Our first implicit exercise exploring core values happened about 8 months before working with Kim who helped us to be explicit about it. I put the question to the team: “Who are we? What is our purpose?” The phrase we came up with then was “Tito brings delight to event experiences”.
That day, we focussed on “delight” as our defining value. Looking back over my notes from that day, I discovered that as a team, we also discussed another word: “integrity”. That was the word that Doc and I settled on as our baseline value after imagining our vision for what the company should be.
Five years ago, I wrote about why Tito doesn’t have a feature that “passes the fees along to the customer”. At the time, I wrote “Tito is opinionated software”. Kim challenged us on the use of the term “opinionated” because opinion is grounded in one’s own personal experience.
What I might say now is that Tito is principled software.
But what does that mean? Well, in this context, it means making a stand for something we believe in that improves the experience for the folks who ultimately avail of our most-used piece of software: our checkout. Personally speaking, when I’m buying tickets to the theatre, or to see my favourite band, and the tickets are listed at one price, but at checkout, all kinds of fees have been tacked on, I feel screwed over. They’ve hooked me in, and just before I’m committed to buy, they’re dinging me for another fee. I was going to go to the show anyway, so I pay the fees, but something isn’t quite right.
That not-quite-right something is altogether too common. From Ryanair’s “Don’t Insure Me”, to how booking.com manipulates you, to unsubscribing from the NY Times through to surveillance capitalism, there are practices and dark patterns out there that are done by businesses because “they work”, without a thought or consideration for whether they are right.
Decisions made upstream, by management, leadership, whoever, presumably to maximise profits or other numbers, often affect things negatively downstream.
Integrity is about considering those downstream impacts, and rejecting solutions that maximise profit at the expense of decency.
What goes for the product, goes for the company. In many businesses, double-standards, ambiguity, office politics and all manner of dysfunctions abound. Tito has its fair share of dysfunctions, I can tell you, but that’s why we’re listening to Kim and we’re intent on doing better. Dysfunction comes from the top, but it’s our hope that integrity will too.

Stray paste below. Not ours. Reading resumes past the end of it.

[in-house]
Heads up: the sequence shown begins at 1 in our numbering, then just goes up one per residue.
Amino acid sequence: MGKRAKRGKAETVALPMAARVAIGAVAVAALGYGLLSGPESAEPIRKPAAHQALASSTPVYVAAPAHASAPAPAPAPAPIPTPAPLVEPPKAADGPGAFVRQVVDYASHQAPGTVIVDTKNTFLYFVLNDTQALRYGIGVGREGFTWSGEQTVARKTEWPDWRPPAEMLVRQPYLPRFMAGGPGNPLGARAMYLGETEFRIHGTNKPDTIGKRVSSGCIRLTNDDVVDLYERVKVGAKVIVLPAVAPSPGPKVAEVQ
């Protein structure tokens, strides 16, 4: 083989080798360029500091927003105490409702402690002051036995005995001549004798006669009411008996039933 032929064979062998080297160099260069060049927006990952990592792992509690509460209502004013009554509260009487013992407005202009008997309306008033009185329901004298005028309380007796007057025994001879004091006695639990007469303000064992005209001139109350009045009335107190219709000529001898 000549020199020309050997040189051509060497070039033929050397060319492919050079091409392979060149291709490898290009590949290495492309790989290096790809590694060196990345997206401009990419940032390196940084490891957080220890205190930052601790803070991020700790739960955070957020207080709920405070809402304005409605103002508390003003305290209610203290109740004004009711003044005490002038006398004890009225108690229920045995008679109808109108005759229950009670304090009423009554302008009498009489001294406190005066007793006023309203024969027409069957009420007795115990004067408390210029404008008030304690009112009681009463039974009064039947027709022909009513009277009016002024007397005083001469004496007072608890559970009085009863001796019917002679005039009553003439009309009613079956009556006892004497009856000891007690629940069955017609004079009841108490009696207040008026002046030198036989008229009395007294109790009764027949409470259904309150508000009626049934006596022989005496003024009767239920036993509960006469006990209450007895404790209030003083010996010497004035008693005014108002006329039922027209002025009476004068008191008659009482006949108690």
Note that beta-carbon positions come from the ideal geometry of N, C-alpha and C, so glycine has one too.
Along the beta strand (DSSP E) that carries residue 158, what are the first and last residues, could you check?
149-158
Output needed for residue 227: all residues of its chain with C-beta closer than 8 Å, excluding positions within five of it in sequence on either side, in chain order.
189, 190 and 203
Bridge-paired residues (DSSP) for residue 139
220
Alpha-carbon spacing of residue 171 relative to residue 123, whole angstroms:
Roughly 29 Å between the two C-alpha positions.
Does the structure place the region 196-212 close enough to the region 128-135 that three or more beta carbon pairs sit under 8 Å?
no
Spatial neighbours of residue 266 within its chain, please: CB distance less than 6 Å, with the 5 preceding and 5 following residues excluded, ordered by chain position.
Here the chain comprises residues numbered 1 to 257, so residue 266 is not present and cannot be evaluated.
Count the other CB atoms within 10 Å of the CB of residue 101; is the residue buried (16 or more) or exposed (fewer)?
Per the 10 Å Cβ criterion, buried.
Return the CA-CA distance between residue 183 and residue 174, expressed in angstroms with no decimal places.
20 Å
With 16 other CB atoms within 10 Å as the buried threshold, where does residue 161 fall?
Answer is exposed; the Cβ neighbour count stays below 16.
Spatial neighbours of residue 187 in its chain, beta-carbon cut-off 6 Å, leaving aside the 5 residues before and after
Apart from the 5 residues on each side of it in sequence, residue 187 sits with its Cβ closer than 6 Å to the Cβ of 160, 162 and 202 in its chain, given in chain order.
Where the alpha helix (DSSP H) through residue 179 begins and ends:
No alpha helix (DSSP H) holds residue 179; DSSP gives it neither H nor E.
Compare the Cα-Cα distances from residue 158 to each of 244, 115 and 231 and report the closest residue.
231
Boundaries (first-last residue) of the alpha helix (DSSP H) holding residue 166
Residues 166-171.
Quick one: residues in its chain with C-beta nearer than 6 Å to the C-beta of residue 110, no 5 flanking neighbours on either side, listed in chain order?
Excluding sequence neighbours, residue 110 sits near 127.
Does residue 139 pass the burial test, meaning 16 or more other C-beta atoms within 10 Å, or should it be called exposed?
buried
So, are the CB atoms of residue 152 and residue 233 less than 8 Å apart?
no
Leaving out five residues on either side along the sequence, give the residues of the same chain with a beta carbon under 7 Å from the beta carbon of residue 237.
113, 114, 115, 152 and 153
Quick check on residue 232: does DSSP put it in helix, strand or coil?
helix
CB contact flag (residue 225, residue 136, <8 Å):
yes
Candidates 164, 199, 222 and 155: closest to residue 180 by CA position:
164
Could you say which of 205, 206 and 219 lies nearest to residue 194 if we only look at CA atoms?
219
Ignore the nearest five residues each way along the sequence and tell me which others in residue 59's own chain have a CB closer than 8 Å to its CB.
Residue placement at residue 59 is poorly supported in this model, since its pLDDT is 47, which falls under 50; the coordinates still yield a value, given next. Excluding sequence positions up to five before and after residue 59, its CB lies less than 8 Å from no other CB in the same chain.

In our core-values exercise, we grouped key-words together that ultimately coalesced into the single word: integrity. But dissecting those words back out is an interesting exercise in itself. We discussed a feeling of being “looked after”. We talked about “organic connections”, as opposed to sycophancy and superficial relationships. We valued trustworthiness, honesty, respect and transparency.
I’m reminded as I write of the motto of the school I attended: “per vias rectas”, which means “by straight ways”. Perhaps it’s that rubbing off on me, but playing unfair to get ahead just isn’t something that I would ever be comfortable with.
A lot of people who use apps and software on the internet assume a level of decency by the creators of the software. Call it naivety, call it human nature, but trust is something that some companies receive by default, and exploit because they can. But most people wouldn’t be too happy if they knew just how their activity was being tracked, or their data was going to be used. It’s time to course-correct.
Having integrity means saying no to certain short term gains in favour of building trust and respect for longer-term goals. It doesn’t mean getting it right every time, but it’s a commitment that when we do fall short, we will accept responsibility and take actions to rectify. We hope that by establishing integrity as our baseline core principle, the trust that folks show us by default is justified. The decisions we make upstream should benefit folks who are eventually affected by them.
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